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Realized after the fact there is a Clojars channel


Okay, my best idea to move forward with something of that sort would be that when someone pushes to Clojars and the groupId doesn't already exists, Clojars would: If groupId is a reverse domain like Check that the domain has TXT DNS header for with value equal to If check fails, refuse to create the group. Else if it has a groupId like github-foo Check that the github user foo has a public repo called _clojars with a readme file that contains the value github-foo. If check fails, refuse to create the group. Else proceed to create the group as current assuming other validation pass.


Similar things could be added for gitlab-foo and bitbucket-foo etc.


Now that way, going forward, I know that if I depend on a lib with a groupId that is a reverse domain or a github-foo like format, that the origin was verified and I can trust it comes from the real domain owner or the real repo owner on GitHub.

Alex Miller (Clojure team)12:10:34

Just as a point of comparison, with maven central a human is involved in granting access to new groupids (but I have no idea what level of rigor is involved)


You can see an example of the maven central verification process here:


It is similar to what is proposed above, but with human verification


Clojars came about in part as push back to the maven central verification requirements (though, at the time, I think central didn't support com.github.username groups). If we want to move towards verified groups, I think we should push folks to deploy to maven central instead of modifying Clojars to do the same thing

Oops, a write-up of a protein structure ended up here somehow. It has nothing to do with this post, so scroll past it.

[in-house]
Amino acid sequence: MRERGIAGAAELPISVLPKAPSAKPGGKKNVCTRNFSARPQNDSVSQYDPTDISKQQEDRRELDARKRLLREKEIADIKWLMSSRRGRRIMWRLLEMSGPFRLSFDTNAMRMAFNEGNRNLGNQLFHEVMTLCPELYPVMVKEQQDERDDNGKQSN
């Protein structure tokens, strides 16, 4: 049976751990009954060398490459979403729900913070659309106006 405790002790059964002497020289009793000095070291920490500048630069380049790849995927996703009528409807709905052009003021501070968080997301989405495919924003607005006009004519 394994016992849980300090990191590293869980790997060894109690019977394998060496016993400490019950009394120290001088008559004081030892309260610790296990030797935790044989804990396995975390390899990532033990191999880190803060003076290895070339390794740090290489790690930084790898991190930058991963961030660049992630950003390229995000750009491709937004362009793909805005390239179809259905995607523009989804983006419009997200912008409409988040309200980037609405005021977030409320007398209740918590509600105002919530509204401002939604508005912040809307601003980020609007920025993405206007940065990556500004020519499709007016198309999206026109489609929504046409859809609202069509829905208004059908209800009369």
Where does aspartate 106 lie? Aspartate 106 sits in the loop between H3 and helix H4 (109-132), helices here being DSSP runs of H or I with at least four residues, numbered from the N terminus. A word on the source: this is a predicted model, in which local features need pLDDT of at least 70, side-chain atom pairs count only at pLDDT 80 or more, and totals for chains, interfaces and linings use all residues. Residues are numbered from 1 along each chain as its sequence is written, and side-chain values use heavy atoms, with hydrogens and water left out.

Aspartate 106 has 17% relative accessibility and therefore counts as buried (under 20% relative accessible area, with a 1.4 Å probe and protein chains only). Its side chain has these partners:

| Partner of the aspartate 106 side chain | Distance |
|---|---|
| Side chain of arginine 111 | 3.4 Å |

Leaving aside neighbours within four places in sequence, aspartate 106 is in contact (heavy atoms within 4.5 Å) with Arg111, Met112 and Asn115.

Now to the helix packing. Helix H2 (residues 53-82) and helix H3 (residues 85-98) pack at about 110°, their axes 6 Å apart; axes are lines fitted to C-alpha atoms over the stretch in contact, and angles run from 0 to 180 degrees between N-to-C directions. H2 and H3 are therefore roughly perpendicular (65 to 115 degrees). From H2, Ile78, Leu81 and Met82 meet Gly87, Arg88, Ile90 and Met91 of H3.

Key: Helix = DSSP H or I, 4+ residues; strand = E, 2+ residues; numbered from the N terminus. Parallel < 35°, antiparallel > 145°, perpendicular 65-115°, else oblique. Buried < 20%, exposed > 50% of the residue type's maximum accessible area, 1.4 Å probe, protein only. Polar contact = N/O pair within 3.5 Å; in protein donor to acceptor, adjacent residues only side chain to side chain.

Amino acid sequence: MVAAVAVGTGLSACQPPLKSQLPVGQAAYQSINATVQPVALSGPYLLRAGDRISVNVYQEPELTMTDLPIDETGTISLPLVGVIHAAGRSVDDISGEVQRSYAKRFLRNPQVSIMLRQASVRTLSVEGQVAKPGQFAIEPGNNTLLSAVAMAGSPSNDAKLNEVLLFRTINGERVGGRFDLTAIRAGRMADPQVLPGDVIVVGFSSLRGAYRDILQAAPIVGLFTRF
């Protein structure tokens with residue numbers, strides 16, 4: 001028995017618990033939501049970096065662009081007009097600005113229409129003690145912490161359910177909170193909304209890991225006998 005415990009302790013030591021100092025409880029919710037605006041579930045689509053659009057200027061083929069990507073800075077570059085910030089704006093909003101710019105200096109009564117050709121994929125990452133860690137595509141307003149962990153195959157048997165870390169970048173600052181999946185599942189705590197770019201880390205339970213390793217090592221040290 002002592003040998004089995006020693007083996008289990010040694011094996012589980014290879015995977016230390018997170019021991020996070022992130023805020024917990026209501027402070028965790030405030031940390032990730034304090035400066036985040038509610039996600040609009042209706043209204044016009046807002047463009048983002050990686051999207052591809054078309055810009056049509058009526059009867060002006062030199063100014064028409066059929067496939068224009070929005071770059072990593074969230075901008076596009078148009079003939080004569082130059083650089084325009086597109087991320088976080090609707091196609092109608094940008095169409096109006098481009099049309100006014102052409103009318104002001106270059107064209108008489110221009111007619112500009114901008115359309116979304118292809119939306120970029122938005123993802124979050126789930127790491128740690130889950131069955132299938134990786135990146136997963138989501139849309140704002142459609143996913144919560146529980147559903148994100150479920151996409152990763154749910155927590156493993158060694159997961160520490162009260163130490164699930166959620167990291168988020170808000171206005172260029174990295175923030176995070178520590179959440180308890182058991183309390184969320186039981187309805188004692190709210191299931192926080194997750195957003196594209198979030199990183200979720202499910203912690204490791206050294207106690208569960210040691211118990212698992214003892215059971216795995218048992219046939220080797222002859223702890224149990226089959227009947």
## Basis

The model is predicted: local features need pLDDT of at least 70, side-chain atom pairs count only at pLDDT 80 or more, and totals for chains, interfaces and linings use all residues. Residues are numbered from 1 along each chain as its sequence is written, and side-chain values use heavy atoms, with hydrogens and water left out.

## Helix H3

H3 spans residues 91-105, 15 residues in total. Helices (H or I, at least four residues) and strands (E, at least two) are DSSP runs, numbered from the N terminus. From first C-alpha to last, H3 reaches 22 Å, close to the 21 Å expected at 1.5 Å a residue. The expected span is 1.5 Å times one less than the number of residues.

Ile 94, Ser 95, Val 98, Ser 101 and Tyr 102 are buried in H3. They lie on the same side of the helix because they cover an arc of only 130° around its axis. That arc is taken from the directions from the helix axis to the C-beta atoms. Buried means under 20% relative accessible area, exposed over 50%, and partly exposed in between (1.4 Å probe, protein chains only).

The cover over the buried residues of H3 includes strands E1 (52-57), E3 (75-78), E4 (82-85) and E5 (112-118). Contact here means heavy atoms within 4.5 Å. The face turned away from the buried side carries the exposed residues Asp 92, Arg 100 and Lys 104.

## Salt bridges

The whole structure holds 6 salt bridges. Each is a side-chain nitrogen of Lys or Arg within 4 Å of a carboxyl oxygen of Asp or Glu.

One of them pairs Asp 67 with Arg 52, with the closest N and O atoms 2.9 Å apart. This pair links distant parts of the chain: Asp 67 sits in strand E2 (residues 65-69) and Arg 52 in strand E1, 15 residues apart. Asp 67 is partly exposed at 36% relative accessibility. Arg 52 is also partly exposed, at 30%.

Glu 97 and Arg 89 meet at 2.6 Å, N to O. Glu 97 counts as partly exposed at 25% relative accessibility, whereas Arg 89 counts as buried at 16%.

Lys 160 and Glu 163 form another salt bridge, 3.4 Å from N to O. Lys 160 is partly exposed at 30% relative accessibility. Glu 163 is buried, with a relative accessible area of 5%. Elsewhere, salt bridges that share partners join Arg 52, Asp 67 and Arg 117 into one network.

Releasing to central is a bit more painful, given that deploys go to a staging repo then have to be released manually. But there is mvn tooling to to that automatically, and it wouldn't be difficult to build a lein/`boot` /whatever plugin to do that (if they don't already exist)

Alex Miller (Clojure team)12:10:04

Actually, it is fairly difficult due to gpg signing


Ah, good point


Since gpg signing isn't that useful, let's just generate a new gpg key automatically for every deploy :)


Hum, the manual process is also painful. If the above is automated, I can in 5min have a new groupId for my open source project pushed to Clojars. But with Maven Central it takes a few days of turnaround


That's definitely true.


I'm also considering the effort to build & maintain that system in Clojars


Ya that's a very fair consideration.

Alex Miller (Clojure team)17:10:24

a) you should ideally only have 1 (or small number of) groupIDs

Alex Miller (Clojure team)17:10:52

b) and if a, ~day turnaround is no big deal

Alex Miller (Clojure team)17:10:52

but I do think the automated path via dns is a reasonable automated check and certainly in line with what others things do


It seems Maven established a different convention for github? And they do com.github.user where as right now in the Clojure community I think I saw recommendation for github-user. I think I like the latter better because of the possibility for github to want to own the com.github groupId for their own projects. But I can see an argument for both

Alex Miller (Clojure team)17:10:00

I'm not familiar with the Maven convention if there is one

Alex Miller (Clojure team)17:10:25

the latter recommendation was due to not wanting to stomp on github's own "space"

Alex Miller (Clojure team)17:10:19

and to suggest ways to use other identities as a means of borrowing ownership: twitter-puredanger, gitlab-foo, etc


I'm just going off from that link, seems they approved the creation of groupId com.github.user once the person proved they owned the repo under that user in GitHub. But I like the identityprovider-user approach personally for the same reason that you can't think that's a github published repo

Alex Miller (Clojure team)20:10:32

I never saw that before